AW: I bought an agenda, you know, one of those things you would get in public school and throw out right away? For the first little bit it was very hectic, like as you said I’m doing music, I’m at school in Finance, and I also teach guitar four times a week, so my schedule’s a little bit off the wall. At first there were moments when I would be staying up late because I forgot to work on something. But now with the agenda, it keeps me organized, and I can gauge how long it will take to make an Instagram post, so I can plan my time, like “okay I have to do the Instagram post, when there’s still daylight out”. The biggest thing is keeping track of what I have to do, and what is top priority.
Q: What is your songwriting process? Do you tend to write the music or hooks first, or the lyrics? Do you tend to write from experience, or is it more like stories?
A: I was a guitar player first before anything, so for me I definitely write music first. From the mood of the music, I try to create a story. My idol and favourite artist is John Mayer. I used to not get how people can be obsessed with one artist; it didn’t make sense to me. But then I started listening to him, and when someone’s singing a song and it relates to you on such a level, and feels like they’re just talking to you, that kind of feeling is just like, wow. So when I started listening to Mayer, especially his “Continuum” album, I realized that this is the kind of songwriting I wanted to do, where you’re able to really paint a vivid picture and tell a story. So my songwriting process is get down the music, then try and create a story that matches the vibe of the recording.
BS: So we read that you played for many years with your “favourite classic rock records” – Could you tell us what some of those were, and how you currently draw inspiration from them?
AW: Some of the older ones were, Guns N’ Roses, Aerosmith, Led Zeppelin, KISS, Poison, Def Leppard… I went through a crazy ‘80s hair metal phase. Those songs were so guitar driven, there’s just so much to learn from those guitar players. When I came to modern writing pop song, I really thought that John Mayer was able to bridge pop and rock and blues really well, because his music is extremely guitar driven, as well. I was interested in the way Mayer is able to do really neat guitar things and make it work with a pop sensibility.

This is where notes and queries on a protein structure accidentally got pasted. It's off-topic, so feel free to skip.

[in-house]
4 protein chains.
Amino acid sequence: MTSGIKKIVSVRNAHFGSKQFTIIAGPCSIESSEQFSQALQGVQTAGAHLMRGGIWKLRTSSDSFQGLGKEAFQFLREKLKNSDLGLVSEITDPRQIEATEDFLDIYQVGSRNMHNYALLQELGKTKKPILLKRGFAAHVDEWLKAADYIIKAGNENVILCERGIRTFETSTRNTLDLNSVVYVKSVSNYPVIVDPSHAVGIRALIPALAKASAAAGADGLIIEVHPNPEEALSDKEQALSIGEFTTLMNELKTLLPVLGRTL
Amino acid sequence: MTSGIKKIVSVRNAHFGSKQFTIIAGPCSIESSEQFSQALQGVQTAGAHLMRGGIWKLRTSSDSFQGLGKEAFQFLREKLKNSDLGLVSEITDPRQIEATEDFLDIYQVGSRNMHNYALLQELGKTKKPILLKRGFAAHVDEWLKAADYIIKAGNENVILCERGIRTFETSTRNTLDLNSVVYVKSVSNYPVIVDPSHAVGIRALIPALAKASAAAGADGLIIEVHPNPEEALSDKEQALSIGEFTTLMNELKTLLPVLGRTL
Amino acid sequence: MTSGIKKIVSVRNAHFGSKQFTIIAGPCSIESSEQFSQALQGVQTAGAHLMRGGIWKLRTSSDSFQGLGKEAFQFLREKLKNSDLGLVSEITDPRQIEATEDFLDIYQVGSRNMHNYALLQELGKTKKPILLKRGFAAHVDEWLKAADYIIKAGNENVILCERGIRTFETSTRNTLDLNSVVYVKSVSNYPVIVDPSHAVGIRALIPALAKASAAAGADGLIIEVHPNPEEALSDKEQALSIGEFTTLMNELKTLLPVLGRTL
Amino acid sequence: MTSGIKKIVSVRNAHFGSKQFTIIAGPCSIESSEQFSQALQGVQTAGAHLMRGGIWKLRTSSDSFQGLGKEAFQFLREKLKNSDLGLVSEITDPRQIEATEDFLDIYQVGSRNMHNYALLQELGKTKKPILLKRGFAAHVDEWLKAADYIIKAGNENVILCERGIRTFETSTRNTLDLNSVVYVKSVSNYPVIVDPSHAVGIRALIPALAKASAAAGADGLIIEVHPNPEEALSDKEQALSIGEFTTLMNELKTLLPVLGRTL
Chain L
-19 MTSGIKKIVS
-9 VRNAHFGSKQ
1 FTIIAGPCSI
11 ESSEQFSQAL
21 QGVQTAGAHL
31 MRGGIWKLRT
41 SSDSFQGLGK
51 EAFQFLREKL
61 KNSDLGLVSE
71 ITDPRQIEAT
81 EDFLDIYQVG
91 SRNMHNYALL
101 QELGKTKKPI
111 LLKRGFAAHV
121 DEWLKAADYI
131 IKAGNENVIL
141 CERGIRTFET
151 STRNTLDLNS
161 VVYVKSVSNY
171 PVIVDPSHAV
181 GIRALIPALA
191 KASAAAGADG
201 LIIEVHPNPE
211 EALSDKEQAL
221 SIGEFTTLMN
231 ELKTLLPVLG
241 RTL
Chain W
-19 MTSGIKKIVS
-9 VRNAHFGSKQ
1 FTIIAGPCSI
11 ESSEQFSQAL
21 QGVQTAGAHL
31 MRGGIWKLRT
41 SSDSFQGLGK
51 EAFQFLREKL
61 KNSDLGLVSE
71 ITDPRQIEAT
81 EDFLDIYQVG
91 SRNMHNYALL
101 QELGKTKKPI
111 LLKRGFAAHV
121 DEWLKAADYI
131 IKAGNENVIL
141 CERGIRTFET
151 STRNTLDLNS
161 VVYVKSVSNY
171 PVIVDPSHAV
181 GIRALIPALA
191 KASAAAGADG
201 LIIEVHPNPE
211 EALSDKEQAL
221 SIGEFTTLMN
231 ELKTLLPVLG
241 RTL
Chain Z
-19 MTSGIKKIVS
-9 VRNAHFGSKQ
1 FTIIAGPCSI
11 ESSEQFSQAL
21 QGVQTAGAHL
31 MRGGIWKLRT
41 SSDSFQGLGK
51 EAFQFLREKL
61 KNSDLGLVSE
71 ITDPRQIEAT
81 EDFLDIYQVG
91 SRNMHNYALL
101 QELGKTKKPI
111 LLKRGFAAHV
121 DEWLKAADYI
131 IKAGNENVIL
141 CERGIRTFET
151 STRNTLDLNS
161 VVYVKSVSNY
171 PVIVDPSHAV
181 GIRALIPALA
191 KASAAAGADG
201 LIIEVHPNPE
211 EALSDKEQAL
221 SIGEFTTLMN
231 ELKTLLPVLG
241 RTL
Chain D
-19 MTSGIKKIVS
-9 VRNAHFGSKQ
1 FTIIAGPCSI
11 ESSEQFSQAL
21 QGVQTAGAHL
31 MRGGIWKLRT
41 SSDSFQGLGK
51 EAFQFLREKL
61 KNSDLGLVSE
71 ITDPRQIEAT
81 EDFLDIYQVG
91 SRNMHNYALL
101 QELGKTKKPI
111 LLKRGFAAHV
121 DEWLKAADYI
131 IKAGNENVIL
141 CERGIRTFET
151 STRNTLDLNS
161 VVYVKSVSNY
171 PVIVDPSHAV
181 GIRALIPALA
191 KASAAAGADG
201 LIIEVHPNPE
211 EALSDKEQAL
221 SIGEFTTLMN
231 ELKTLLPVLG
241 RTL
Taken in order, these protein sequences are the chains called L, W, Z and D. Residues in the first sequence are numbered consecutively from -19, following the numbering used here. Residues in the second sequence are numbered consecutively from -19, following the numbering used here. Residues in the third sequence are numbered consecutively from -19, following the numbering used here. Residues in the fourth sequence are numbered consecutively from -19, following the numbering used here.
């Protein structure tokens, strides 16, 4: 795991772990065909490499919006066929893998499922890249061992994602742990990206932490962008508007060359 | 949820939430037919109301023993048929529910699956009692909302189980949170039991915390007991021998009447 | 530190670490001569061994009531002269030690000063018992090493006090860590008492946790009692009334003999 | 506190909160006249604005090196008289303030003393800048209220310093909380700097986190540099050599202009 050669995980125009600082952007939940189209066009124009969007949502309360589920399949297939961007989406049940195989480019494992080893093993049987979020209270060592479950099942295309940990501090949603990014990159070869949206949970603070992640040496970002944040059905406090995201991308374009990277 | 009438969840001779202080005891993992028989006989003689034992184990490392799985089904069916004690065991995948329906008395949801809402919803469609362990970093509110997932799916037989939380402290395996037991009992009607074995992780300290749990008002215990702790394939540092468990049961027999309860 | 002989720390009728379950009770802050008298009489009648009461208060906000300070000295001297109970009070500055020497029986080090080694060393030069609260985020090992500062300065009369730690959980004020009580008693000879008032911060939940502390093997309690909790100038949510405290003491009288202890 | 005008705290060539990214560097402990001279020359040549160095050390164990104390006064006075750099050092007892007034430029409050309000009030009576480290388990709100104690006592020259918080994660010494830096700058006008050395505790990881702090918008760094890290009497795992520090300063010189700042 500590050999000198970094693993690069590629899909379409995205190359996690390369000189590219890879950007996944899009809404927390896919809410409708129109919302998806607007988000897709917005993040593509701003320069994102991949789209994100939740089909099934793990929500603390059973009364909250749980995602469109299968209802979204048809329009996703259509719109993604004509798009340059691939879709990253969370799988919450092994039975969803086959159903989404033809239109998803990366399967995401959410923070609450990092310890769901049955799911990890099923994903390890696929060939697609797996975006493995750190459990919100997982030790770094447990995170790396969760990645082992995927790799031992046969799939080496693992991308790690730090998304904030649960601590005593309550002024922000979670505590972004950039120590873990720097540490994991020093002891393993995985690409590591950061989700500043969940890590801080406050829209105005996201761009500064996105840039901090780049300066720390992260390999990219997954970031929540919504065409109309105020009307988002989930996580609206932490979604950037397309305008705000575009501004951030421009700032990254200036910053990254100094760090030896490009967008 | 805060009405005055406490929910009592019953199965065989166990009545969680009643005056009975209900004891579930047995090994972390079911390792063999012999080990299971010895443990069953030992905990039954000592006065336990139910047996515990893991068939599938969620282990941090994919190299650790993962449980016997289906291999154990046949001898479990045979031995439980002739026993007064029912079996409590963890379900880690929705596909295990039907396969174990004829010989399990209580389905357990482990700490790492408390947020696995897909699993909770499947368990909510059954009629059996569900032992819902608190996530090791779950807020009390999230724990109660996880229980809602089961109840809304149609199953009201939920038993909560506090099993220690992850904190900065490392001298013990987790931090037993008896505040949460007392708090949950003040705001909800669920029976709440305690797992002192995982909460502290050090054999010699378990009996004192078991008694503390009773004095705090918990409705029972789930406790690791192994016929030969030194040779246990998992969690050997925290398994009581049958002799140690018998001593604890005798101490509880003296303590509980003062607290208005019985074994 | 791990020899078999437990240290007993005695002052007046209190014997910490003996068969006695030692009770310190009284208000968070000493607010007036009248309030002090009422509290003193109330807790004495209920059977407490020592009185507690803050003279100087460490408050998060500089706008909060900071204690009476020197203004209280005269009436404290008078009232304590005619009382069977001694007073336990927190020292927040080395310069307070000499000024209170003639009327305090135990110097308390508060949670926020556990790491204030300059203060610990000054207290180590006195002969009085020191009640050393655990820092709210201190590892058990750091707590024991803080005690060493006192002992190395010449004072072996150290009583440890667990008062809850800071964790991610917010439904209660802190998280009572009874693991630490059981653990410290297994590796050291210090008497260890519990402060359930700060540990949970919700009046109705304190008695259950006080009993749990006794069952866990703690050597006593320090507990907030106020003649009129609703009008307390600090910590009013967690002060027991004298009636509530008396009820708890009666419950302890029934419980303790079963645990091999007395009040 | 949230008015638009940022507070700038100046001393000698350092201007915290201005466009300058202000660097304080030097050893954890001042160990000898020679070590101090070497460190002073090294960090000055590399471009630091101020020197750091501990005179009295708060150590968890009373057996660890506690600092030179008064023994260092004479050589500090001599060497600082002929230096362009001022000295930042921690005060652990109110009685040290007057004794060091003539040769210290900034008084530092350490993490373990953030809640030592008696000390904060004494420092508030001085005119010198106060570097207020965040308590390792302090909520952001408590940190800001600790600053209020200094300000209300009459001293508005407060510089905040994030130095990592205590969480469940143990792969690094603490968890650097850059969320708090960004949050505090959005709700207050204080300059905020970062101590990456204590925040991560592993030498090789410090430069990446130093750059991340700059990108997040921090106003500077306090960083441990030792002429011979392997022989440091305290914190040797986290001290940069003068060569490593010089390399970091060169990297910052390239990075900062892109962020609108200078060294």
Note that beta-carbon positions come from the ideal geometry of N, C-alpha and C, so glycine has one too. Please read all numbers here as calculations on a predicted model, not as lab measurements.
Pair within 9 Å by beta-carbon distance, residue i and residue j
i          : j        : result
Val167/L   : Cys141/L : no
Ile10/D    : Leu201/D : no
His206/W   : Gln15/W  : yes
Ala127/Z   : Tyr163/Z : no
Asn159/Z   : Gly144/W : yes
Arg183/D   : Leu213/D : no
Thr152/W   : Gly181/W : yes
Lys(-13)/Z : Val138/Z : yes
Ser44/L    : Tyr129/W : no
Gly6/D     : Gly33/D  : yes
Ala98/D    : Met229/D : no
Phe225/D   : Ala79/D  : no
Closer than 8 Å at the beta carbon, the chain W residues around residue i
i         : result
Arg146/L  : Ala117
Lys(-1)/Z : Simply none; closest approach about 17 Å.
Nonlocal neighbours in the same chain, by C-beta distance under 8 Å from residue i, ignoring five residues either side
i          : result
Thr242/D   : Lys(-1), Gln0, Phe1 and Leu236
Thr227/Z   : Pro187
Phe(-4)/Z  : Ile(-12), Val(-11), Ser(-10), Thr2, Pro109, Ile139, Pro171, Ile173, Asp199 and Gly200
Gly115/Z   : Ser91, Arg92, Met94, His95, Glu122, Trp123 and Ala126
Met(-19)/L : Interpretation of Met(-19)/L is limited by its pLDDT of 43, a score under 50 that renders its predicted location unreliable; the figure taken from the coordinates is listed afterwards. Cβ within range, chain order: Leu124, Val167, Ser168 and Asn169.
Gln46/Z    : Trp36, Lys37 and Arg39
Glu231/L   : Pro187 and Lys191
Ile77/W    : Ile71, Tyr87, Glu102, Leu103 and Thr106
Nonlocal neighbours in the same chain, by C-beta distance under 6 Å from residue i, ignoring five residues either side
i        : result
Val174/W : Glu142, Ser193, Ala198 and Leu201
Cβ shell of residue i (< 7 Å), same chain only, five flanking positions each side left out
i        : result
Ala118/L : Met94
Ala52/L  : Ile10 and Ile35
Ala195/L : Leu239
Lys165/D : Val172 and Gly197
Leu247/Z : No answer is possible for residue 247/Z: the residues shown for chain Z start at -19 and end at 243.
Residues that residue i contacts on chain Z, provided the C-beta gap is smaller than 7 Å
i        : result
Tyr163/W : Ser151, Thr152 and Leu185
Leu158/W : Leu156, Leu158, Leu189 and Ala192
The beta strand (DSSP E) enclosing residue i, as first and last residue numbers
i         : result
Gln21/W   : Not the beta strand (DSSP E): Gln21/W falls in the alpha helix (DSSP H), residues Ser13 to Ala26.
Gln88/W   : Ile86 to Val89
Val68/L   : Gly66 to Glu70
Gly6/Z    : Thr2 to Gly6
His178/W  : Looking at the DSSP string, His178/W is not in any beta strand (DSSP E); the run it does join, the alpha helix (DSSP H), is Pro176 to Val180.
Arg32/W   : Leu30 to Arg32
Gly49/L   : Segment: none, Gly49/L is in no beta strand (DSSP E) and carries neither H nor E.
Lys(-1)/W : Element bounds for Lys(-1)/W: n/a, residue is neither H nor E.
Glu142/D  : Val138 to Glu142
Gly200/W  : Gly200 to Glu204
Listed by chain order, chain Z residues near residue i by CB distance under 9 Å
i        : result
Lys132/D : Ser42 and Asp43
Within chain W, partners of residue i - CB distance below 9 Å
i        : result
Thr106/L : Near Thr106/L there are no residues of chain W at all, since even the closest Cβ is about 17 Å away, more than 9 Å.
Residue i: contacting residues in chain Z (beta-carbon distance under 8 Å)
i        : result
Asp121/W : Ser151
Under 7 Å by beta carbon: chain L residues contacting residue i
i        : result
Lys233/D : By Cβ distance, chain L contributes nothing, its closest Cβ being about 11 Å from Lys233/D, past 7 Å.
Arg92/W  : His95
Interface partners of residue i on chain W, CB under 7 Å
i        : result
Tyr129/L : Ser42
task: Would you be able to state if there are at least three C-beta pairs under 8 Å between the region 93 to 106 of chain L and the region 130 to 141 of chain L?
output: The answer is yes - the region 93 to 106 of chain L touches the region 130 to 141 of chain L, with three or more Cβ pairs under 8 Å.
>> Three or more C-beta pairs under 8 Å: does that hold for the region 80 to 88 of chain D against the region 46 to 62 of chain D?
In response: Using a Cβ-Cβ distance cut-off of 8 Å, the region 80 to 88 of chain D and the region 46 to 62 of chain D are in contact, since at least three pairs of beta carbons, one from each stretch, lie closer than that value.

Q: On your Instagram you like to take requests for covers – how long does it take you to learn, and are there certain genres or songs you refuse to cover?
A: Certain genres definitely work better, if I try to do a metal song on an acoustic guitar, it doesn’t quite come across as well, but I’ll still try and do it. For the covers, it’s usually learning the words, the guitar part I’m usually able to do in 10 minutes, it’s mainly just remembering the words. Sometimes I’ll do several in a day on an Instagram story, or I’ll do a post. I’d say it takes about half an hour, and it’s just the dreaded words. Remembering all those words…
BS: So, what does the rest of 2017 hold for Andrew Waines? Any tour plans, releases?
A: Right now we’re waiting for the release of the video, which is going to come out in a couple weeks. We’re doing a lot of press stuff, meeting with radio stations, going to networking events, a lot of meeting people and getting my name out there. I do have 3 or 4 songs in the works that are going to be on an upcoming EP. So there’s that on the way. I have a couple of shows booked in the summer; I’m doing Canada Day and Walter Baker Centre, ZealFest at Algonquin College, and the Marmora Fair. It is early in the year, there’s lots more coming up.
BS: And finally – since we try hard to promote local artists here at Bytown Sound, could you name us a few of your favourite local bands or artists from here in the city?
AW: My former guitar teacher, Dan Hay, plays for a band called Amos the Transparent, and he also released a side project called Mystery Weekend; I’m a big supporter of those. There’s one other local country singer that I first met at the Brass Monkey by the name of Vicki Brittle, she has a wicked voice.
This interview has been edited for clarity and length.